The village of Pisaq is one of the first towns you reach as you travel over the pass to the Sacred Valley. The village is known for its market that is open daily offering textiles, weavings, and handicrafts. There is a beautiful tree in the central plaza called the Pisonay tree. The Cathedral of Senor del Huanca is a few miles from Pisac at the base of Mt. Pachatusan. Above the town of Pisaq is an archaeological park with the same name, with some of the finest Inca terraces and stone walls. Similar to Machu Picchu, there is an Intihuatana, or hitching post of the sun. The ruins overlook the majestic Urubamba River and adobe homes below. You can see partridges at dusk and golden winged falcons at sunrise as you hike up the trail from the town.
Historically, an Inca road went up the canyon and entered the Urumbamba River area near Pisaq. This route connected the villages all the way to Paucartambo near the Eastern jungles. There is a natural rock and mountain structure called “the princess of the flowering skirt”. One of the legends is that she was the only daughter and was proclaimed to receive all the lands of Pisaq. In this same legend, the story predicts that she will marry the man who builds a bridge over the Urubamba River in one night.
The main mountain of Pisaq is in the shape of a condor or falcon with its head at the top ridges and its wings flowing down all of the terraces. The condor is one of the largest birds in the world with a wingspan of over three meters. It is very rare to see a condor in the Sacred Valley, but many visitors see them at Colca Canyon beyond the city of Arequipa. Condors have a bald head and a collar of white feathers, and fly over 6,000 meters above sea level. The symbol of the condor is everywhere in Peru on statues, ceramics and weavings. Shamans will call in the spirit of the condor for protection, and the condor is known to assist a persons transition to the other world beyond death. The condor carries many myths and legends throughout Peru and is an archetypal spirit in both the Mountains and the Valleys.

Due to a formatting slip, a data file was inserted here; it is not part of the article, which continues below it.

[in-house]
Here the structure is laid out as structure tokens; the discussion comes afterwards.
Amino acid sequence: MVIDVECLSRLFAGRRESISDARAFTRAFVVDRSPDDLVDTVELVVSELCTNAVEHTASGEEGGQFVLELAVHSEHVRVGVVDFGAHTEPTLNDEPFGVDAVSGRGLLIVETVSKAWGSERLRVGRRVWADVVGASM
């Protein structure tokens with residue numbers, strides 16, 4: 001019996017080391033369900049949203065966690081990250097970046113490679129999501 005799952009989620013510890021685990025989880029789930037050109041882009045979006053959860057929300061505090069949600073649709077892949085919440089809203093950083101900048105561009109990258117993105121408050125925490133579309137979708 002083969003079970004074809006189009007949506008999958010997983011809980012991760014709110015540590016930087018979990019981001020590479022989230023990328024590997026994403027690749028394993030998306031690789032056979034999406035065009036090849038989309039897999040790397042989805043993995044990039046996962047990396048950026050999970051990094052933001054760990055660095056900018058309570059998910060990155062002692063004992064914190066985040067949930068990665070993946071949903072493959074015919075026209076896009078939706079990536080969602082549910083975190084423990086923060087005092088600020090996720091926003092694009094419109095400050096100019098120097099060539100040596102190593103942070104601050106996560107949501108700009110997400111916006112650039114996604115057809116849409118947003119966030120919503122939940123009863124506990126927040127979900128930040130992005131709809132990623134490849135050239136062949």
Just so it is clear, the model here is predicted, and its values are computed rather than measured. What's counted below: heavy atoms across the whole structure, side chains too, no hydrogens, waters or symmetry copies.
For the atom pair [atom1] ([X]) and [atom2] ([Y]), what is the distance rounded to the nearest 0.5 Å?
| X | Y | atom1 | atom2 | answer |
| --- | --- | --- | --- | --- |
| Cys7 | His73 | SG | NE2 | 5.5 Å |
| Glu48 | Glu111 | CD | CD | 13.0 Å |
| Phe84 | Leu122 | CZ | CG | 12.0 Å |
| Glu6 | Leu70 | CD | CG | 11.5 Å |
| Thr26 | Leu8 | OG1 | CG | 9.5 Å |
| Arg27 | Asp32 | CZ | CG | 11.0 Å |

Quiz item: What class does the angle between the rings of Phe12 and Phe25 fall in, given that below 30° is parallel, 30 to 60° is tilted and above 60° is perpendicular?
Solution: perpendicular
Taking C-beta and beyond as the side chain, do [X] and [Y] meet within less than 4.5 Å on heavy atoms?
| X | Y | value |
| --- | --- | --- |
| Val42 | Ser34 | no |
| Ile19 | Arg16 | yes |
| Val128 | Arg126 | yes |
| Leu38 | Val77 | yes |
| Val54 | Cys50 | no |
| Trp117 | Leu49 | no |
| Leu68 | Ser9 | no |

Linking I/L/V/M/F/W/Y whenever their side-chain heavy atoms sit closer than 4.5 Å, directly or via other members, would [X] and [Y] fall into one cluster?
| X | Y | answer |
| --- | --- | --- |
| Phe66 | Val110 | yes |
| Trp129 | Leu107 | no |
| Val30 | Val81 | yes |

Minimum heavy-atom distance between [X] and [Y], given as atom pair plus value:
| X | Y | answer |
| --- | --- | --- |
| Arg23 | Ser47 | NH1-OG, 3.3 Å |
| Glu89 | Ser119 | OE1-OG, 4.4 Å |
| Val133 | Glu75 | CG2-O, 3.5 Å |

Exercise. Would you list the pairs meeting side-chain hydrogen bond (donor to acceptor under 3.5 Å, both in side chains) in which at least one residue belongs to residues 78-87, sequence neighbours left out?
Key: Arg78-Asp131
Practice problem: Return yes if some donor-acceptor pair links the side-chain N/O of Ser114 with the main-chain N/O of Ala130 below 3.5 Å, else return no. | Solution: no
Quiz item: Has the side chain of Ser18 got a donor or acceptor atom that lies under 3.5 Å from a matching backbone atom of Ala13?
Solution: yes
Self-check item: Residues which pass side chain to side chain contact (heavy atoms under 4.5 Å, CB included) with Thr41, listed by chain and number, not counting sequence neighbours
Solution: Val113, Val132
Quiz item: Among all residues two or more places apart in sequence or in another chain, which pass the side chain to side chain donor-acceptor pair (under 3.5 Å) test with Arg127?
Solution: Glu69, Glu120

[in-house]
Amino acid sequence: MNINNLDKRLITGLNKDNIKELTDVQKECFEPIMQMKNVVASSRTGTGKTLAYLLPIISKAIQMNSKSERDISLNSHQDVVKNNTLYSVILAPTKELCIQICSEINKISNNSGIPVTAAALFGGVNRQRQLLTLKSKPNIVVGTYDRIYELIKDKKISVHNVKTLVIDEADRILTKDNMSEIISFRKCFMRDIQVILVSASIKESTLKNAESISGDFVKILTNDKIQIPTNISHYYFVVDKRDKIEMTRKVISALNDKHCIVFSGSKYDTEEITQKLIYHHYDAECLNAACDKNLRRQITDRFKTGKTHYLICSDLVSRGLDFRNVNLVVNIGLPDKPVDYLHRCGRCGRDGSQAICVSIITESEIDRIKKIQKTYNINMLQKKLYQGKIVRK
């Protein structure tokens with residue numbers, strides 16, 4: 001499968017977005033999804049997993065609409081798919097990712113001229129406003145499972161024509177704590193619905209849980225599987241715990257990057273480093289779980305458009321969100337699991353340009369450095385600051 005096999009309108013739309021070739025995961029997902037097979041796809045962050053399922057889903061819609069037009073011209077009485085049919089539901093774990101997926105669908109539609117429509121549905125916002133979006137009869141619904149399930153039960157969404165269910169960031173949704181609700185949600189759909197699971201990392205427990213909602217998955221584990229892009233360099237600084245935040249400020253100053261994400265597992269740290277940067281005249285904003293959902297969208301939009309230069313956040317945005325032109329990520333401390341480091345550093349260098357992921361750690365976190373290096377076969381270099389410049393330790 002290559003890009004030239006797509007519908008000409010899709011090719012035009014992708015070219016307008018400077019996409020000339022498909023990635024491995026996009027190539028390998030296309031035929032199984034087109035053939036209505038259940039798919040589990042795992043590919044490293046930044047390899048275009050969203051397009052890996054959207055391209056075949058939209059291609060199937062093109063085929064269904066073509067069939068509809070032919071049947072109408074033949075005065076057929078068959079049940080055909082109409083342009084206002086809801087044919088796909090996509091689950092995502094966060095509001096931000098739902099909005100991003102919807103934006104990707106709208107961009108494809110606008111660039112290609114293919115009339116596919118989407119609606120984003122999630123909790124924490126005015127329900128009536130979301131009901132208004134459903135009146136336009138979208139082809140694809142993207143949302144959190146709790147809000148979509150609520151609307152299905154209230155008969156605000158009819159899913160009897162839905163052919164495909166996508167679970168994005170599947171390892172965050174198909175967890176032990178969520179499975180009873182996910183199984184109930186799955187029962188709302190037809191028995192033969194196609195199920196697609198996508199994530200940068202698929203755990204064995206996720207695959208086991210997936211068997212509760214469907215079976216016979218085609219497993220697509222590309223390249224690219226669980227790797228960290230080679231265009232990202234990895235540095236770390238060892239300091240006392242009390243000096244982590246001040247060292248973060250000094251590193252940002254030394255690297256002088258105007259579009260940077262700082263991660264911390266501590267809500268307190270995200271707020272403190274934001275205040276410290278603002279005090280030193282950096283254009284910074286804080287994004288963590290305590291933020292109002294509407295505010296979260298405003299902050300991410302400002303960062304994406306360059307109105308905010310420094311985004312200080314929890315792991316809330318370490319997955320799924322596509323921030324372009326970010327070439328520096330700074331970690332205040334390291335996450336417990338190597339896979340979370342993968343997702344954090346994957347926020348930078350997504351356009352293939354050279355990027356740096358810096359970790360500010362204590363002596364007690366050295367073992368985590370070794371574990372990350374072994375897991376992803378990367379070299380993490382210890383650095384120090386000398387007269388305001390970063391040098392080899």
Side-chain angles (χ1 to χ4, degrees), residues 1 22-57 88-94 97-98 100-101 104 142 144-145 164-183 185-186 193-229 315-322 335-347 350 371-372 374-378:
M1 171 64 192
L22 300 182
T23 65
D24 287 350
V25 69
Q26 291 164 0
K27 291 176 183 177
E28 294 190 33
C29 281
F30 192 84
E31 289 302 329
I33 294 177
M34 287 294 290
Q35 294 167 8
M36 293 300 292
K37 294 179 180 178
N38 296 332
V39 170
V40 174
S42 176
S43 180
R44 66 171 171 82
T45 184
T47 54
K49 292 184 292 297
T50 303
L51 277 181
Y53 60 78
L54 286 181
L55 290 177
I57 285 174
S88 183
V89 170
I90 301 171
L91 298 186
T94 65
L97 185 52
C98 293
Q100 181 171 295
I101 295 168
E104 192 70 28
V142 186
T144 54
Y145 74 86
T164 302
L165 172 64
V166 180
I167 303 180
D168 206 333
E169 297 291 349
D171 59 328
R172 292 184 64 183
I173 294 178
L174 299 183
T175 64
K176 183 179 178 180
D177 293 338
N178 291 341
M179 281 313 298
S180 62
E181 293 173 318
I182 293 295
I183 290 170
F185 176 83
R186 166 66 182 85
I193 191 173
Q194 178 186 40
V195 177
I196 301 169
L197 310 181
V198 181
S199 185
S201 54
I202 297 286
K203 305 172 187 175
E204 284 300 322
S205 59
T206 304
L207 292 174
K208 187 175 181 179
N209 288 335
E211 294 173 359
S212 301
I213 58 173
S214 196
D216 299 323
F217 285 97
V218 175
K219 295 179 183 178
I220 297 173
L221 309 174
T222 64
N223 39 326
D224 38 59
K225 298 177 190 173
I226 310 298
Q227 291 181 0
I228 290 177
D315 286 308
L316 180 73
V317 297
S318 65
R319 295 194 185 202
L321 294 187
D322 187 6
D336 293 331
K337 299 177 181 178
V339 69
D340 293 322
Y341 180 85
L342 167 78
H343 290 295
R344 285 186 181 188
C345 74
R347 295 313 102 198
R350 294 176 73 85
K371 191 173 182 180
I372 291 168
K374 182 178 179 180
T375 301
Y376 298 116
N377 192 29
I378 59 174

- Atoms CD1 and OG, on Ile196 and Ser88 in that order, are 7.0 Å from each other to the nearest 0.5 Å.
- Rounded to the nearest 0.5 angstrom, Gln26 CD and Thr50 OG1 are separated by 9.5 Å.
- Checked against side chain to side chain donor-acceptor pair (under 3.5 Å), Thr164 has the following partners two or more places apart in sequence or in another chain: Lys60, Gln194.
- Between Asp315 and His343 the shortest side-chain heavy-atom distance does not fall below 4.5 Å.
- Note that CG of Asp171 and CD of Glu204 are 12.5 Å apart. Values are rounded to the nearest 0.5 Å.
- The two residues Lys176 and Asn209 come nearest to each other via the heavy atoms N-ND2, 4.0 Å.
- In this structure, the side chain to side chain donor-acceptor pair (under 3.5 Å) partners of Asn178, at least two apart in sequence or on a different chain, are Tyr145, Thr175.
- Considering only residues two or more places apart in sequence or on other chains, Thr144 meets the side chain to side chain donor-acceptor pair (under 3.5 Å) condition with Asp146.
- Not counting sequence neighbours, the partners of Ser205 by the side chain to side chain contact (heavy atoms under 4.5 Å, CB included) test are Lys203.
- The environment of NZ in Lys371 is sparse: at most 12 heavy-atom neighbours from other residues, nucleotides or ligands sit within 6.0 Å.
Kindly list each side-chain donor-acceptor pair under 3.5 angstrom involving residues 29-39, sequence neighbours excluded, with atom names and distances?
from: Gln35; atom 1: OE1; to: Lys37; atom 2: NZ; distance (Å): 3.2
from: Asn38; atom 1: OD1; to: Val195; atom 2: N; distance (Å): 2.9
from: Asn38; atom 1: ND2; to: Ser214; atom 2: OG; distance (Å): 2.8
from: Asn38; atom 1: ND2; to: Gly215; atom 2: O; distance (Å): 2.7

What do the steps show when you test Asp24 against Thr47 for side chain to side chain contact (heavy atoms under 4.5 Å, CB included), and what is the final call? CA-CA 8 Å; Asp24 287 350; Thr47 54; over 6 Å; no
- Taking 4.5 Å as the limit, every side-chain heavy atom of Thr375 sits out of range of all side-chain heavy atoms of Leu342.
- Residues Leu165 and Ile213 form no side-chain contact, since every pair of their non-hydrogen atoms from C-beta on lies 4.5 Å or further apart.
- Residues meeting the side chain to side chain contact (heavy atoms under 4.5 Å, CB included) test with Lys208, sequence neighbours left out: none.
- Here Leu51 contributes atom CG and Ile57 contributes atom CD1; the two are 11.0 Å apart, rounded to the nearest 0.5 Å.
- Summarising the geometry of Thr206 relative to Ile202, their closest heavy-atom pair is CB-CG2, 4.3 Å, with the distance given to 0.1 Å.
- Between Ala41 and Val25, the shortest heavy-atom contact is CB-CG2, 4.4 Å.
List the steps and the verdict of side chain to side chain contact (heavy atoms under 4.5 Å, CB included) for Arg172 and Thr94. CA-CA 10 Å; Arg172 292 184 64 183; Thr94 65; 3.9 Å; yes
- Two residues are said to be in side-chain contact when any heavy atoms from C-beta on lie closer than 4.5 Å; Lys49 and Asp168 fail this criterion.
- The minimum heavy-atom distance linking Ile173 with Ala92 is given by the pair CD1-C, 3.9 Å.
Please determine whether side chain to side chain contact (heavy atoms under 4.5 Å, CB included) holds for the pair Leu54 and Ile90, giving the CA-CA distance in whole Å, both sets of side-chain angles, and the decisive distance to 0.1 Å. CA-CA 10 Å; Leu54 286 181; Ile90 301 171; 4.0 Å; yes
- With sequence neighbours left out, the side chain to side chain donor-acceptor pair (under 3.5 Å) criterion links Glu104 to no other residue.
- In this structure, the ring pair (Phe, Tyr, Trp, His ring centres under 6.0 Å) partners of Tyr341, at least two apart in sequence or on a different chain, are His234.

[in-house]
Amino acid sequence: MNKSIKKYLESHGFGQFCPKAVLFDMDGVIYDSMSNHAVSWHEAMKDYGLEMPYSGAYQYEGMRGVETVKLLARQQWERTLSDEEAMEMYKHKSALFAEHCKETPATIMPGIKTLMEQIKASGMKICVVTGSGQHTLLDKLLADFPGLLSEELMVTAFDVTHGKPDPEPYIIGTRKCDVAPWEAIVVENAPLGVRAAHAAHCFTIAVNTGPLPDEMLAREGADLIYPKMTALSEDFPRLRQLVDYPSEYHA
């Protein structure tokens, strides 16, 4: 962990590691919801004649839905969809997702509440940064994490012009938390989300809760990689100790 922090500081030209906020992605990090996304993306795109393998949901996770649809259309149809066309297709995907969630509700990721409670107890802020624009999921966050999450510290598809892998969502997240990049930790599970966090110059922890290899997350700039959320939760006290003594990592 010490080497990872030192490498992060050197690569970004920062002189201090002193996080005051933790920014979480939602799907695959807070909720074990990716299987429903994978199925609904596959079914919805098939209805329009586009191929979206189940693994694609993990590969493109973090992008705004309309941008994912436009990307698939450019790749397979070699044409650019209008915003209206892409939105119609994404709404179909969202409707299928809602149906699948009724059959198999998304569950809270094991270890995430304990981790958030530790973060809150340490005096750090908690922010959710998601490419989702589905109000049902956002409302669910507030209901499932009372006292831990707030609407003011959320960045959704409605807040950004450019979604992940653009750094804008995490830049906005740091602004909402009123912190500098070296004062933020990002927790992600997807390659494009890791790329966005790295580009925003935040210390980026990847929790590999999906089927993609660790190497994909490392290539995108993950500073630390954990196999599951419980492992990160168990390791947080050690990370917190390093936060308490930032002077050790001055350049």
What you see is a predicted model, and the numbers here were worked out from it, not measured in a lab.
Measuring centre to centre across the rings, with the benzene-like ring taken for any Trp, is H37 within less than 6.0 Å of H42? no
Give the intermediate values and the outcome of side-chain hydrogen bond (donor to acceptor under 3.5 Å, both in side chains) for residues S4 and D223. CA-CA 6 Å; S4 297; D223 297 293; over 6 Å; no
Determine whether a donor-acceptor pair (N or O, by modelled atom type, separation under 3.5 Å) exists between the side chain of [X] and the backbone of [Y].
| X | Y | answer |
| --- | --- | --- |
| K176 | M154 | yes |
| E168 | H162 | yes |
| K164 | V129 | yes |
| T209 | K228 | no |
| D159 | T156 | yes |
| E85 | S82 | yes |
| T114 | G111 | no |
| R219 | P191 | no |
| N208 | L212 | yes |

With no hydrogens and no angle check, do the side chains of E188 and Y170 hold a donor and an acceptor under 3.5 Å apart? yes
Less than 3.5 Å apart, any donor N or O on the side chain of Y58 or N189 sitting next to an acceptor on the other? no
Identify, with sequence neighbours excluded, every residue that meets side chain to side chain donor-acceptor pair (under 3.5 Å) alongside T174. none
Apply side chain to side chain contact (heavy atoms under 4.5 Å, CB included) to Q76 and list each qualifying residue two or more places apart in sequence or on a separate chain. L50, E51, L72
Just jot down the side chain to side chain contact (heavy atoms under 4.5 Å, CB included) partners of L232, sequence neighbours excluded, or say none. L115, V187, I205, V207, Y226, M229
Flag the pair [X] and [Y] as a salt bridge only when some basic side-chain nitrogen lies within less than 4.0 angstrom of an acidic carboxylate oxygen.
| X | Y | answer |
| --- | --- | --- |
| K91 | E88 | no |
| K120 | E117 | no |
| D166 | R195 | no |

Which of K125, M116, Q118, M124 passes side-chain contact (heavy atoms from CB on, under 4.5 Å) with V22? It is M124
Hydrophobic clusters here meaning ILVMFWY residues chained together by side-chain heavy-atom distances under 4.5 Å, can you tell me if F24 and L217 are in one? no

Some of the rooms in Pisaq have stonework specifically aligned with the changing of seasons. You can hike up the trail from the village and it will take about an hour depending on your adjustment to the altitude. The physical challenge is an excellent way to strengthen the body, mind, and soul. Pisaq is a place for visioning and dreaming your world into being. This is a fabulous site for journey work and creating a mandala or sand painting.
In the village, Ulrike’s Restaurant is known for pumpkin soups, vegetarian meals and incredible brownies and a great place to stop for lunch. The local villagers offer for sale artifacts and some of the finest carvings, ceramics, and rattles. Pisaq is also known as the Temple of the Falcon.